Mainly known for its white sands, Goa shows us the tropical side of India yet it still houses some fascinating history. With a long colonial heritage and a UNESCO-listed old city there is plenty to see and do before unwinding on the beach.
It was a colony of Portugal for more than 400 years and those influences are intertwined with Indian culture to bring you a unique paradise. The 66-mile coastline plays host to a laid-back atmosphere as the Arabian Sea laps onto India’s western coastline and attracts two million tourists each and every year.
Goa is best known for its 36 beaches. The north is very popular among tourists and better for a lively beach party destination while the south adopts the quiet and calm approach and is perfect for a romantic picnic, a little paddling and just getting away from it all.
Three of the best beaches are:
Relating to the fact that Goa was a solitary outpost of Portugal for hundreds of years, many refer to the region in this manner. The crumbling architecture left behind by Portuguese heritage, along with a cuisine refined by flavours of the European country are mixed with the remarkable landscape and vibrancy of this charming area.
The dense forest found at the Western Ghats mountain range slowly meanders through lush valleys before ending at the beach. Historic sightseeing can be done as you take in the Se Cathedral, the largest church in Asia, and Basilica of Bom Jesus, both built in the 1600s, before landing at Dona Paula Beach, nicknamed Lovers’ Paradise.
If you’re looking for great views of Old Goa, then make sure the Church of Our Lady of the Mount is part of your checklist. Sat atop a steep hill, it offers wonderful vistas of the Mandovi river, the Konkan railway and the old city.
For the wildlife lovers, Goa has been referred to as a twitcher’s heaven and a short hop to Mollem National Park can see you in the jungle on the hunt for leopards, crocodiles and monkeys.
‘You can’t think, until you’ve eaten well’ is what the Konkani-speaking locals say, and the cuisine here is divine. As you can imagine, the heritage of South Indian and Portuguese is found within the fusion foods that tend to incorporate chillies, coconut, rice, spices and vinegar.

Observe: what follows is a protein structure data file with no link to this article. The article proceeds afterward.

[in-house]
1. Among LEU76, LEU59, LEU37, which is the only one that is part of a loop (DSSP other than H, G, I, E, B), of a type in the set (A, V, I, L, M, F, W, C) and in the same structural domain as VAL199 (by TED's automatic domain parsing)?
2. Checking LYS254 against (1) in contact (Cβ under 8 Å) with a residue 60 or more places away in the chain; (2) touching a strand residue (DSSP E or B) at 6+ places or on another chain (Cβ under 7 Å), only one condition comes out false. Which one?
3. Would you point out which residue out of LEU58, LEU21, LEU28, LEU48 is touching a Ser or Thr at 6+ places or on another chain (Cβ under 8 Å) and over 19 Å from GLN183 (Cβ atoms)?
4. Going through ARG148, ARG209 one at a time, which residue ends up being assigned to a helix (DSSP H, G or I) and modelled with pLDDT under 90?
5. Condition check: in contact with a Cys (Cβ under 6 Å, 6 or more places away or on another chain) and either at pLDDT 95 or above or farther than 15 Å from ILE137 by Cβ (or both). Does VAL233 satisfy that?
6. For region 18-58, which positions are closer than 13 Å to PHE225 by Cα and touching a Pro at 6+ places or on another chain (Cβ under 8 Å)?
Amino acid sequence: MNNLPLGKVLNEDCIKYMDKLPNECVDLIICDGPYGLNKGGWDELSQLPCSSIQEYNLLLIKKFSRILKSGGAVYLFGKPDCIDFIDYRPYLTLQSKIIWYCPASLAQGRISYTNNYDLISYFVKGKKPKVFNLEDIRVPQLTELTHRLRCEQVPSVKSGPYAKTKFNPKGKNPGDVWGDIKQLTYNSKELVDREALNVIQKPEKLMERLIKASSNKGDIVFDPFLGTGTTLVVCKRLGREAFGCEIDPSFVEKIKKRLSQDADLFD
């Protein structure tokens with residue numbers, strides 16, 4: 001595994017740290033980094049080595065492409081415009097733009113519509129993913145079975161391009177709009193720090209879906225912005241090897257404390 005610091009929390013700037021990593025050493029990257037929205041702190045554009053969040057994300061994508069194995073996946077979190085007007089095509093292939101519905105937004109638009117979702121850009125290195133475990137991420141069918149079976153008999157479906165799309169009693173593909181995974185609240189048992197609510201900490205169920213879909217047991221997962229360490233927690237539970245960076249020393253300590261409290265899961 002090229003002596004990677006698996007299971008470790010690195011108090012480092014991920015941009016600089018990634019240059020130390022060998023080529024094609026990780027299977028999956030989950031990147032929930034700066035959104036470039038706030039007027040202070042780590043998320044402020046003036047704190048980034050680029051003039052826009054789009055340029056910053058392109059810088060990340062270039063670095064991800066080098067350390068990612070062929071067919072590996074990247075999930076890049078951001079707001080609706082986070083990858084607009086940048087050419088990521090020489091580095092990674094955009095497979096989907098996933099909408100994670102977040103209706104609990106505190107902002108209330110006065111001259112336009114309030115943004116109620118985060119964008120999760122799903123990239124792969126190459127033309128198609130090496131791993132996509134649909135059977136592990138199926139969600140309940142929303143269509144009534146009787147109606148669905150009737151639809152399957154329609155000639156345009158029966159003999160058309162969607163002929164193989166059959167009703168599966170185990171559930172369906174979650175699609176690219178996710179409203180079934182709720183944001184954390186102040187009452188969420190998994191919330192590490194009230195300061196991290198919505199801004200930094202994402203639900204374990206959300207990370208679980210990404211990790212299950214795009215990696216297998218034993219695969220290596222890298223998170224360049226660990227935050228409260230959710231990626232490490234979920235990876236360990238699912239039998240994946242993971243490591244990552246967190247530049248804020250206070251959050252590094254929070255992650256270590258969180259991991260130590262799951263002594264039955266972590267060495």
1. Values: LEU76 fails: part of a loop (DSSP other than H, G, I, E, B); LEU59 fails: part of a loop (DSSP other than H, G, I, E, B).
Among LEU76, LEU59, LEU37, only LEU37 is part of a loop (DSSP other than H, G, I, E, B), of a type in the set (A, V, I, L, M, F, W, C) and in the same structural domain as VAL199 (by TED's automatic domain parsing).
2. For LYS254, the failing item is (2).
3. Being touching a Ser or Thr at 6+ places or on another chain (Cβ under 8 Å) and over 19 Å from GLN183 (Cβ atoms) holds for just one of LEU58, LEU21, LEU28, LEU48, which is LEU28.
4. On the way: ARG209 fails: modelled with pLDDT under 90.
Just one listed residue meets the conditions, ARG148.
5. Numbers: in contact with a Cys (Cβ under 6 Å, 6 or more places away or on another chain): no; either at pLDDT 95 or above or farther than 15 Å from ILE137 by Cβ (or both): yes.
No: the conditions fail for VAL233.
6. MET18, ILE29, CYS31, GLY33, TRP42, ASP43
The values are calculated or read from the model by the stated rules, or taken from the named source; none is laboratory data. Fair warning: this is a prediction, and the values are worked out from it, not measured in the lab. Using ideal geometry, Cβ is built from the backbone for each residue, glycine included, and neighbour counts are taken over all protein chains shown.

Curries are commonplace and xacutis, cafrials and vindaloos (which originated here) are all worth a look but each have a spicy twang, or more. Religion, and vegetarianism, means that beef and pork tend to be off the menu but chicken and lamb are widespread on menus.
Raves and a nightclub scene began when Western backpackers started to descend on Goa and while there is a relaxed atmosphere during the day, you can find a party in the evening. Vagator and Baga beach are good places to start and the fiery local liquor of Feni is always on the menu.
From the busy north to the Old Goa to the relaxing south, there is something for everyone in the smallest state in India. The Portuguese heritage is the backdrop to a long, sumptuous coastline in a region filled with character and charm.
Whether you want to relax by a beach shack, surrounded by golden sands and dipping your feet in the water or immerse yourself in the colonial history, attend vibrant markets and see some wildlife, the choice is yours.
Things to do in Goa
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Goa is hot and humid, so pack light with natural fibres that will be comfortable in this climate. The first things you need to get in are your beachwear: everything from a swimsuit to cover-ups to sun hats and sunglasses to sunscreen are essential for the blistering heat.
While the beaches are private and relaxed, the state itself is traditional and conservative, so when heading out on day trips or visits be sure to dress comfortably but be respectful of the customs. In places of worship you need to wear long skirts or trousers and, on occasion, a headscarf so consider these.
On your feet, a pair of comfortable sandals and more relaxed flip flops may well be all you need during your visit but be sure to pack long-sleeves for the evening when it cools off slightly. This also helps in your battle against mosquitos and other insects; it is advisable to pack insect repellent.
Elsewhere, you could use a backpack for day trips, torch for the evenings and all of your medical supplies. That said, the pharmacists are well stocked in Goa and you should be able to buy anything you need.
Goa is a year-round destination; often used as the final stop of a tour around India, it is also popular with sun worshippers throughout the year. The temperature remains similar throughout the year with May, the hottest month, boasting an average of 30ºC and the coldest month of January posting averages of 25ºC.
Monsoon season, which starts in June, is often the time that visitors avoid as the hot summer temperatures meet the clouds and rain as the moisture turns the countryside of Goa into a lush green space that is perfect for colourful plant life. Not ideal for the beach, but it does bring the state into a wonderful haven for other activities.
The temperatures drop in the evenings but it is still never cold. The tourist season is noticeable here and runs from October through January, with the beaches filling up again for the warmest weather in May.
Check out our Blog to see some of the amazing experiences Goa has to offer
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